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What is the role of commissural fibres in the nervous system?

connect the left and right hemispheres or cord halves


e.g. corpus callosum

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What is the role of a projection fibre in the nervous system?

connect the cerebral hemisphere with the cord/brainstem


(or vice versa)

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What is the functon of the midbrain?

eye movement

reflex responses to sounds and vision


What is the functon of the pons?




What is the functon of the medulla oblongata?

cardiovascular and respiratory centres

contrains major motor pathway (medullary pyramids)


What risk is posed by the uncus in herniation over the tentorial notch?

compression of the midbrain

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Which structures lie immediately anterior and posterior to the central sulcus and what is their function?

Pre-Central Gyrus

primary motor cortex


Post-Central Gyrus

primary sensory cortex

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Which structures of the brain are separated by the Lateral/Sylvian fissure?

separated the temporal lobe from the frontal/parietal lobe

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Which functional area of the brain surrounds the calcarine sulcus?

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primary visual cortex surrounds calcarine sulcus


What structure is located within the medullary pyramids?

descending motor fibres


What is the relevance of the parahippocampal gyrus?

key cortical region for memory encoding

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What is a key role of the hypothalamus?

maintain homeostasis

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What is the function of the cingulate gyrus and where is it located?

important for emotion and memory


immediately above the corpus callosum

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What risk is posed by the cerebellar tonsil (I)?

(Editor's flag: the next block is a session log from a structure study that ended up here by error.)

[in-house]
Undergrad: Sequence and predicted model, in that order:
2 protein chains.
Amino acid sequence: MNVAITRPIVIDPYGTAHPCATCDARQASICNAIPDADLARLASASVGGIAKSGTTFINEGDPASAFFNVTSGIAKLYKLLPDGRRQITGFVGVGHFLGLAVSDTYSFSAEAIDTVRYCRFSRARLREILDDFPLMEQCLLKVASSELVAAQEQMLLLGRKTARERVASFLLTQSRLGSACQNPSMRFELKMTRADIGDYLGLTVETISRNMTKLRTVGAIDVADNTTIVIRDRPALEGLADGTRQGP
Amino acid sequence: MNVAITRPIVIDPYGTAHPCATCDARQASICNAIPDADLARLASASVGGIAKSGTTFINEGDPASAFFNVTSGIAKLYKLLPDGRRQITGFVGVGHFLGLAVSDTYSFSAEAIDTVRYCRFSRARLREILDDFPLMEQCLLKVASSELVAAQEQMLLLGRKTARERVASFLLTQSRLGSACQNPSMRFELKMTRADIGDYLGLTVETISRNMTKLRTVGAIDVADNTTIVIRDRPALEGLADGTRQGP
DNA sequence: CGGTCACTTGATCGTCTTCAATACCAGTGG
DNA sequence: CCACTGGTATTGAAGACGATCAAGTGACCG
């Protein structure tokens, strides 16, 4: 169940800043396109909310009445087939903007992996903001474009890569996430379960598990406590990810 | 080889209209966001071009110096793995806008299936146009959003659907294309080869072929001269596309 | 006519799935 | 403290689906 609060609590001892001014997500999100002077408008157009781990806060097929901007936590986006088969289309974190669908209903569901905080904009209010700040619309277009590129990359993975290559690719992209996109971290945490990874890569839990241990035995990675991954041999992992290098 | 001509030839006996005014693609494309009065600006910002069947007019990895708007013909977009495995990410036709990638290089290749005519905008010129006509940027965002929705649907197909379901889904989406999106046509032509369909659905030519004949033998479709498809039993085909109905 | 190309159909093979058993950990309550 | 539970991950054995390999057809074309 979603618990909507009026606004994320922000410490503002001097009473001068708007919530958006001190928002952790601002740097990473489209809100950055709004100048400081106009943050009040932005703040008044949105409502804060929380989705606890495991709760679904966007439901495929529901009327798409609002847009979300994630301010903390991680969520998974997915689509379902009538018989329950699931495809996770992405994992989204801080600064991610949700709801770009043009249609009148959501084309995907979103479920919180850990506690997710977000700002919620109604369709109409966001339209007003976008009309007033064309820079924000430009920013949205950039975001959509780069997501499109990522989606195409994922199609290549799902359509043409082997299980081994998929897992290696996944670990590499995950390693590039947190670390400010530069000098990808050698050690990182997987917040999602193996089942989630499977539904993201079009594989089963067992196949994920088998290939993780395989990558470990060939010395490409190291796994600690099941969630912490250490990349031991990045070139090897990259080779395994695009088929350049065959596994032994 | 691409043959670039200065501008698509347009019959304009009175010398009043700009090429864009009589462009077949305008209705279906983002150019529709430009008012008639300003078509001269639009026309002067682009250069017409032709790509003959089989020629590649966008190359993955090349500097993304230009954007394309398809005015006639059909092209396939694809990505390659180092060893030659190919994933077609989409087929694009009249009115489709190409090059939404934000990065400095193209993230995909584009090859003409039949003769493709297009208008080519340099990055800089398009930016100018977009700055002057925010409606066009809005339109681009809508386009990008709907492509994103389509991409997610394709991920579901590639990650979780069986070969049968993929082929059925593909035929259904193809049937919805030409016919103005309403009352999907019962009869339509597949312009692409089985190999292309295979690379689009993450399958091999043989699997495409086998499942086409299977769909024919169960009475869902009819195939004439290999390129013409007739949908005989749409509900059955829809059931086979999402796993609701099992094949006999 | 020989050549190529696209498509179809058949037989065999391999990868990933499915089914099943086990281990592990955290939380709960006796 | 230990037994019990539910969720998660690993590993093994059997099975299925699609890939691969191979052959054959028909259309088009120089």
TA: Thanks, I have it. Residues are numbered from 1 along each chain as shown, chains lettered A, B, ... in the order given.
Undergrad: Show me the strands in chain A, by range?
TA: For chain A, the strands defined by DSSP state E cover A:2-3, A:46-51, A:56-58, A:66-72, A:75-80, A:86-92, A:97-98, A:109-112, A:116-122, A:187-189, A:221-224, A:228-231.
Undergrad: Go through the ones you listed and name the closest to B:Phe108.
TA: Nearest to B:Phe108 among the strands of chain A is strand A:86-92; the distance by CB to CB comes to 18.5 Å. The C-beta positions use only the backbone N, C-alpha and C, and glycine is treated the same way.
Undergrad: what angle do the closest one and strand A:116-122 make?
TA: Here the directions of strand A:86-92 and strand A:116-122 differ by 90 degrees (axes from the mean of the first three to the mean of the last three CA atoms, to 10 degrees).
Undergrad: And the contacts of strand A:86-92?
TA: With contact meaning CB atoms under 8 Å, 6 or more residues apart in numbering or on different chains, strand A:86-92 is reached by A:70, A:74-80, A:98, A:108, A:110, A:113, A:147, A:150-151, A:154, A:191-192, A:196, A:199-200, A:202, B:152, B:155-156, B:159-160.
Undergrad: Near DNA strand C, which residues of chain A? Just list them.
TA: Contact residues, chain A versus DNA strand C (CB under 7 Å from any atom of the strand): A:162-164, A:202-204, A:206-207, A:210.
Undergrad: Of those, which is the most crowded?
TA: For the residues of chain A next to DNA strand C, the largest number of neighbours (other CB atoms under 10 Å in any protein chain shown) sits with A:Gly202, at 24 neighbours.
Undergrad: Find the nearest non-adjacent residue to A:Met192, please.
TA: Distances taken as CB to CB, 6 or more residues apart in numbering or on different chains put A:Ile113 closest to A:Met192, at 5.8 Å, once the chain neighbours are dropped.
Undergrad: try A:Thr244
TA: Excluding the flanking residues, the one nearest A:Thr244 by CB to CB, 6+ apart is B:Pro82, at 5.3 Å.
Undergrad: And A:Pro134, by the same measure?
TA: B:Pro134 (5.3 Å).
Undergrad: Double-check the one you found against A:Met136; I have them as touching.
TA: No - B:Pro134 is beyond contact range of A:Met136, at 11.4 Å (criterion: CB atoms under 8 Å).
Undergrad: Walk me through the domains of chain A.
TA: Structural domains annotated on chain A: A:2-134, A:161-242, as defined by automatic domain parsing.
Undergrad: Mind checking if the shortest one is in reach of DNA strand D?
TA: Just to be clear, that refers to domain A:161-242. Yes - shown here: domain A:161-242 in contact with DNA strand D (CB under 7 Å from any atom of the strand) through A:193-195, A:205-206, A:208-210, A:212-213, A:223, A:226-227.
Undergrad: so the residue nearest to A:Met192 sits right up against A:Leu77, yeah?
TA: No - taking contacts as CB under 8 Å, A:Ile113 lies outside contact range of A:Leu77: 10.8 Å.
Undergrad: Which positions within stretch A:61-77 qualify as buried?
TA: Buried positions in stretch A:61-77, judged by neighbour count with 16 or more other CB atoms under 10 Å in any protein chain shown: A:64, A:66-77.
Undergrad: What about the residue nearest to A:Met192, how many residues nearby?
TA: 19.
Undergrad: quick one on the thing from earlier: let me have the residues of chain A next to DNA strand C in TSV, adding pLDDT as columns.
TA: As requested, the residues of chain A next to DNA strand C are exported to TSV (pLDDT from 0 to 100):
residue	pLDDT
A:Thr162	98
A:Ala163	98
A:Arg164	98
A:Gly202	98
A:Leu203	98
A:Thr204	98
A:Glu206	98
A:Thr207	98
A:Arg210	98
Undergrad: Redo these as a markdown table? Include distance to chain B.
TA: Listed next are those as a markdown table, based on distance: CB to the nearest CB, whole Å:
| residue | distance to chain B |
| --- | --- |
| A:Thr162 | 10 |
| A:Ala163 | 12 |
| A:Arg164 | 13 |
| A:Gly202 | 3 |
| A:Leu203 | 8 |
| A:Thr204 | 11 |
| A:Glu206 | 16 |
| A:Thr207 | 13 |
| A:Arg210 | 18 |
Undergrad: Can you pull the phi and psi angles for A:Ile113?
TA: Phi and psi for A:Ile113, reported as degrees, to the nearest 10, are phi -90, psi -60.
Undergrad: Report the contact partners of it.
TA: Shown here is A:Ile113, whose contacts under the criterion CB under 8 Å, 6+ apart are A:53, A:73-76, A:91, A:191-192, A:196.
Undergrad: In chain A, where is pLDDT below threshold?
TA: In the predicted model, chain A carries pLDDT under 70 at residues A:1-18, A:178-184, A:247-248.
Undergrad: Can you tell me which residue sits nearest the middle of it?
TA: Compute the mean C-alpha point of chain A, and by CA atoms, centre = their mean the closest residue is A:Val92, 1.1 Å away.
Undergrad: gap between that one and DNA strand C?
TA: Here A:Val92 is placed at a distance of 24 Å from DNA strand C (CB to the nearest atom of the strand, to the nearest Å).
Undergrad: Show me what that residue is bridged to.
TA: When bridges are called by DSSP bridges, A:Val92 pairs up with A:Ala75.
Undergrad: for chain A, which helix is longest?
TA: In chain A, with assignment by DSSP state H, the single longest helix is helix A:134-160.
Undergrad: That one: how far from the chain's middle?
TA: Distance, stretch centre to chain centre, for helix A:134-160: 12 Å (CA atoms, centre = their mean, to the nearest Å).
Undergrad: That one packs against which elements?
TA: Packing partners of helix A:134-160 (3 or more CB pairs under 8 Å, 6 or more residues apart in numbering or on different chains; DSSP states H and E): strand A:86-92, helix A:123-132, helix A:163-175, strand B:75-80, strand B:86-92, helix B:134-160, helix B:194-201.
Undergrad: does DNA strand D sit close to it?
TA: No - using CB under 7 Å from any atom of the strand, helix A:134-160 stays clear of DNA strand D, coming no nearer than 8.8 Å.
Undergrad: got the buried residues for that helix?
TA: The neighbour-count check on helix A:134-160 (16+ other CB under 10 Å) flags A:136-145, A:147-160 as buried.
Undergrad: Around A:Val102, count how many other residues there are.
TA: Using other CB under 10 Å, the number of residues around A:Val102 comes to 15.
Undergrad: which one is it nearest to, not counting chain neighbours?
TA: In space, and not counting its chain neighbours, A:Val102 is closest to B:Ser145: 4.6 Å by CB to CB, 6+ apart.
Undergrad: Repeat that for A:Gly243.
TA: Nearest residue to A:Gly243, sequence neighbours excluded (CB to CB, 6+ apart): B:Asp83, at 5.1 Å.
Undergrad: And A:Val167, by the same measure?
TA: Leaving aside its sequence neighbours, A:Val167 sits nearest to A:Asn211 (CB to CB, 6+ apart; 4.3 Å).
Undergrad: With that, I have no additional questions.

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can herniate and compress the medulla


What is the role of the fornix?

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major output pathway from the hippocampus, which regulates emotions


What is the role of the tectum and where is it located?

dorsal part of the midbrain

invovled in auditory and visual reflexes


also called the superior (visual) and inferior (auditory) colliculus

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Structures To Identify

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Outline the flow of CSF around the ventricular system to the blood

CSF produced by choroid plexus


lateral ventricles > interventricular foramen > third ventricle > cerebral aqueduct > fourth ventricle


> spinal cord and;

> lateral apparatus / medial apparatus > subarachoid space > arachnoid granulation project into superior saggital sinus > CSF drains into venous blood

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What is the function of the CSF?

cushioning of brain tissue


removal of waste products from the brain


Where is grey matter located within the central nervous system?

Cerebral Cortex

Nuclei Deep Within Brain

Horns of Spinal Cord

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Outline the meningeal layers lining the brain

Periosteal Dural Mater

Meningeal Dural Mater

Arachnoid Mater

Pia Mater


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Which layer of the meningies actually has a space, rather than a potential space?

Sub Arachnoid Space


due to the prescence of structures such as the cerebral arteries